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Senators move toward banning cities from setting own minimum wages


Acceding to pressure from business interests and the governor, Republican state lawmakers are moving to undermine the ability of individual communities to establish their own “living wages” higher than the mandated state minimum.

The 5-3 vote Tuesday on HCR2014 by the Senate Appropriations Committee came after a plea from Chianne Hewer, lobbyist of the Arizona Restaurant and Hospitality Association. That group, which unsuccessfully fought the 2006 initiative to establish a state minimum wage, has given up on convincing voters to rescind that action.

But what the restaurants want to do now is short-circuit efforts in some communities to require employers to pay their workers even more.

The change would require voter approval in November. So Hewer’s group included a sweetener to make the preemption go down easier: A boost to state wages to $9.50 an hour by 2020; the current figure is $8.05.

But the change actually would let restaurants pay less to their workers who earn tips.

Tuesday’s vote sends the measure to the full Senate.

If it makes the ballot, it might not be alone. Tomas Robles, executive director of Living United for Change in Arizona, said Tuesday his organization is preparing its own ballot measure.

But this one would be far different: Robles said it would actually enhance what voters approved in 2006 to ensure the minimum wage automatically would go from $8.05 to “double digits” by 2020. And, like the current law, future increases would be tied to inflation.

Robles told Capitol Media Services his organization does not yet have an exact figure in mind, saying LUCHA is trying to find a number that would help ensure success.

But Robles said polling to date has found more than 60 percent of those asked would back a minimum wage of at least $10 an hour, with a simple majority backing wages higher than that.

The initiative also would require employers to provide at least three days of paid sick time a year to workers, with five days for companies with more than 15 workers.

LUCHA could have an uphill fight: It needs more than 150,000 valid signatures on petitions by July 7 to qualify for the November ballot. But Robles said it has the promise of donations from local and national sources — he refused to provide names — to hire circulators.

And Robles said the measure would preserve the right of communities to enact their own higher wage requirements, the very thing HCR2014 seeks to undermine.

This isn’t the first bid by businesses to block local options. They got lawmakers to approve a preemption law in 2013.

That was aimed specifically at Flagstaff where there is an active effort to enact a “living wage” measure. But voters in several other communities are looking at similar measures, including requirements for things like paid time off.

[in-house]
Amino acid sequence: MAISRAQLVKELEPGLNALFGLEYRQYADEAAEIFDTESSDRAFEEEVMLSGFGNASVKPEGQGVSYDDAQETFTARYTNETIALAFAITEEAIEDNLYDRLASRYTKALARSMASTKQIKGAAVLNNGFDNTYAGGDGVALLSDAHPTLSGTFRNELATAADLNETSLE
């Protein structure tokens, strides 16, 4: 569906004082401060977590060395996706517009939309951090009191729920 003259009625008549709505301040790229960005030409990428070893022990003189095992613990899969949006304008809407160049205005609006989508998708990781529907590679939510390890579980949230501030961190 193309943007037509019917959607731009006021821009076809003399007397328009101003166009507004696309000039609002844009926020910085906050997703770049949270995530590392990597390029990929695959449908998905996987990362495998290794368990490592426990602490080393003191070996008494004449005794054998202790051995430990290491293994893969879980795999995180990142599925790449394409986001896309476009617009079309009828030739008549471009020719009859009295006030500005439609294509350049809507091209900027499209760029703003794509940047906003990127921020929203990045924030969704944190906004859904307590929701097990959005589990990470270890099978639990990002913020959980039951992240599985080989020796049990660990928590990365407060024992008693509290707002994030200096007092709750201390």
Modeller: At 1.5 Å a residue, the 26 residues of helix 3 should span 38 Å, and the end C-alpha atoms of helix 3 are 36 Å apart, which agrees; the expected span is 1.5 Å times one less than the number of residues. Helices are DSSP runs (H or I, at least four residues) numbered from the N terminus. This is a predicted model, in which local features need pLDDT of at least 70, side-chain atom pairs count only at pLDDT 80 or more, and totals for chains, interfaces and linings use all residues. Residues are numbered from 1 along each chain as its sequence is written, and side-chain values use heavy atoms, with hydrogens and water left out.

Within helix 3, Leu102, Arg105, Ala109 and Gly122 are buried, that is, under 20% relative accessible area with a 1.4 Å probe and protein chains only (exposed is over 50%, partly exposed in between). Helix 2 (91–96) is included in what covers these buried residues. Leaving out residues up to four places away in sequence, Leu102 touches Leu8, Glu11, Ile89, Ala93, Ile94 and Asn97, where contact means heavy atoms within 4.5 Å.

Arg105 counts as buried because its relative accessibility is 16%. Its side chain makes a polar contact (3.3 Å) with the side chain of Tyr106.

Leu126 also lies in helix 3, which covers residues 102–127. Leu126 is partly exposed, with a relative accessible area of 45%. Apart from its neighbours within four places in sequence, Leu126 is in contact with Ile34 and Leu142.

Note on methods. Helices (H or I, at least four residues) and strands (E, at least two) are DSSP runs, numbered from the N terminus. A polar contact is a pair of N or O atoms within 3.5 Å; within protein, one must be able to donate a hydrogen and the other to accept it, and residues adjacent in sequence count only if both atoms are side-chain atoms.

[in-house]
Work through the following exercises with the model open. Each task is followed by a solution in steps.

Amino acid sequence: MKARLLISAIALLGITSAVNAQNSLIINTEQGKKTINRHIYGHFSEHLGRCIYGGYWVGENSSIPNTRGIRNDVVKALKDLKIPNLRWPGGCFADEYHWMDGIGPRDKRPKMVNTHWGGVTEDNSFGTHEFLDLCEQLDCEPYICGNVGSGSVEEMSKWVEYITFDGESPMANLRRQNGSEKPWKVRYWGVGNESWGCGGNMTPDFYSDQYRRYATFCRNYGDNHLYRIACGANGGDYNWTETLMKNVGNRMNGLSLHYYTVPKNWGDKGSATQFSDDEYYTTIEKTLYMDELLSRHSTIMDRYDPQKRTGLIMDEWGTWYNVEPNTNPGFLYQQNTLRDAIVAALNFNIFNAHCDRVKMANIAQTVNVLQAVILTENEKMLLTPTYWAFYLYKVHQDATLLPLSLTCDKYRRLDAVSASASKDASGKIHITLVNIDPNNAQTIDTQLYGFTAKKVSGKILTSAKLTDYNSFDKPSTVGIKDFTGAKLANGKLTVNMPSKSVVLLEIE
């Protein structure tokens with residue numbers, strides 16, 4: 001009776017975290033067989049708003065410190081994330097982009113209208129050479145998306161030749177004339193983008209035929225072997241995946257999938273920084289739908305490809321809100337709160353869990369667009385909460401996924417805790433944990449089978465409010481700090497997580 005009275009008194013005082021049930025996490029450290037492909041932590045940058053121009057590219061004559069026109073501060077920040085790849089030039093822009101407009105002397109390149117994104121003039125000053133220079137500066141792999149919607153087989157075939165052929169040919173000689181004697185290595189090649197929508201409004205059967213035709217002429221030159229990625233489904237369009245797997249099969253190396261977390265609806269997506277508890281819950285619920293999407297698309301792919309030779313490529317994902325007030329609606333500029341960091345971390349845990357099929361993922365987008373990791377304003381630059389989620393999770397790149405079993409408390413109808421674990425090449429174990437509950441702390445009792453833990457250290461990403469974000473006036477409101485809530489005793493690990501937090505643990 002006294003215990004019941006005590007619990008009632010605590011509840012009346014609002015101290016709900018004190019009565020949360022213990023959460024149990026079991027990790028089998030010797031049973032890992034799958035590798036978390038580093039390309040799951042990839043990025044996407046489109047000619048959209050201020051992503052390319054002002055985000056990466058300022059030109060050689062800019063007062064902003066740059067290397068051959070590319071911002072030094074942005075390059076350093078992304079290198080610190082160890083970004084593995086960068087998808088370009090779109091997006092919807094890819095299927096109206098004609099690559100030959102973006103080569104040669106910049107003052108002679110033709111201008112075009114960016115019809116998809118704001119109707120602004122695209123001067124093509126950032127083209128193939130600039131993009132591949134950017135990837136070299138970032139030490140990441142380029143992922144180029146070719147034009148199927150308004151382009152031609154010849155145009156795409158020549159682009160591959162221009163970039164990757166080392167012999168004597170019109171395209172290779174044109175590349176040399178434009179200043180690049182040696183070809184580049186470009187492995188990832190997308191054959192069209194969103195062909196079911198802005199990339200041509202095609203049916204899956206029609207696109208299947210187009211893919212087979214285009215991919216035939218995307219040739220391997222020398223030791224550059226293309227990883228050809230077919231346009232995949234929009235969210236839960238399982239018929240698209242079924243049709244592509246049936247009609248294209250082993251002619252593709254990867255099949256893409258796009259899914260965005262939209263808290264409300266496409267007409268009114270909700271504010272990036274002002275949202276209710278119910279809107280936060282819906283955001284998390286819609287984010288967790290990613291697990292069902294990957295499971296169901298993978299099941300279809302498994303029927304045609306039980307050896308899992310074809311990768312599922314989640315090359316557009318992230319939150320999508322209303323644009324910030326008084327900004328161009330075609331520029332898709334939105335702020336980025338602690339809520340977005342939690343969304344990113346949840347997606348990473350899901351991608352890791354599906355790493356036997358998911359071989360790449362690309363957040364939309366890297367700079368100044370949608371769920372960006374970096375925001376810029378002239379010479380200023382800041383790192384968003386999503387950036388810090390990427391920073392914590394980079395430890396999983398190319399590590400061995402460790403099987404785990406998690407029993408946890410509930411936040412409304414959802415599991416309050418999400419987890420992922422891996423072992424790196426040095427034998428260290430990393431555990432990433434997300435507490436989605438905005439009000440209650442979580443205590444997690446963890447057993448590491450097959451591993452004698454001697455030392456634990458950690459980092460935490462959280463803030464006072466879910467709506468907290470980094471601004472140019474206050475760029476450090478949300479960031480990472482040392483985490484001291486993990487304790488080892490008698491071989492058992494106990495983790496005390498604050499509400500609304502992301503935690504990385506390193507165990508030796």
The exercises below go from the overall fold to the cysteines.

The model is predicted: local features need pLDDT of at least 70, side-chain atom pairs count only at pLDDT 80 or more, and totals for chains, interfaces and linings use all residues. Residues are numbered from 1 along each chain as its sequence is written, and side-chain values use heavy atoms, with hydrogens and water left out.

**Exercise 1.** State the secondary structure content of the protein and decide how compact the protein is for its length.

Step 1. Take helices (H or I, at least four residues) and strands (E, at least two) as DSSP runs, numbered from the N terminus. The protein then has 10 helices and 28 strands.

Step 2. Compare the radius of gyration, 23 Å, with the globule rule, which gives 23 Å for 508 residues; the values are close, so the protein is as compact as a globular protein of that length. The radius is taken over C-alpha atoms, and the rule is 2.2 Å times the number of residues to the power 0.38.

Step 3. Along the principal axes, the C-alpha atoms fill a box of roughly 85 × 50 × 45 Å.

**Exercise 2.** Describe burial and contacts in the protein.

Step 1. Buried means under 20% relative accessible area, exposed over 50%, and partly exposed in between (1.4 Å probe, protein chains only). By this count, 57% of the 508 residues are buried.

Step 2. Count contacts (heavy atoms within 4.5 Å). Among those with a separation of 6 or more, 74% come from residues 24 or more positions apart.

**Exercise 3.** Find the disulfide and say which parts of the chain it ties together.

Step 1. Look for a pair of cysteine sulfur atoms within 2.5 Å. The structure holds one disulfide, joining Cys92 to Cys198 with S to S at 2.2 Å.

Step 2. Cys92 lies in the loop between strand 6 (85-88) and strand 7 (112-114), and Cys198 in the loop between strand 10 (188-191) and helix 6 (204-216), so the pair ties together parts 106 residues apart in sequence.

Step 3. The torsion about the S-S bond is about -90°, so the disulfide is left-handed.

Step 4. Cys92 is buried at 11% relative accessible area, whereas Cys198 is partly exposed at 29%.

Last year, however, Attorney General Mark Brnovich said the 2006 measure specifically permits a local option. And that, he said, cannot be overturned by lawmakers.

That makes going to voters the only alternative.

Hewer told lawmakers Tuesday many restaurants have operations in multiple communities and do not want to have to worry about differing laws.

“We believe this is a fair balance to protect both the Arizona small businesses who pay these minimum wages while giving Arizona employees an improved (wage) rate that is known ahead of time for our small businesses,” Hewer said.

Senate Minority Leader Katie Hobbs, D-Phoenix, said that’s fine. But she said what the restaurants were offering is insufficient, proposing instead to take the minimum wage to $14 by 2020.

Republicans on the panel rejected that idea and then approved what the restaurants want.

Sen. Don Shooter, R-Yuma, said the legislation gives him some heartburn.

On one hand, Shooter said he does not believe the government should be setting minimum wages, much less actually increasing what voters mandated in 2006. But he said supported this measure to “counterbalance the insane socialism” created by having a minimum wage in the first place.

That’s also the assessment of Sen. Sylvia Allen, R-Snowflake, who said she finds the whole issue of government-mandated wages distasteful — and beyond constitutional authority.

“That is not the proper role of government,” she said.

But Sen. Steve Farley, D-Tucson, said legislators need to look at the issue of higher minimum wages from another angle. He said if workers get more money they won’t qualify for government-subsidized health care, reducing costs to taxpayers.

This idea of swatting down local living wage laws already has the support of Gov. Doug Ducey.

“I want to see people make more money,” he told Capitol Media Services earlier this month.

“But I do think a patchwork confusing chaos-style system like California or other places that frustrated business owners that reduce jobs,” Ducey continued. “That’s a bad thing.”

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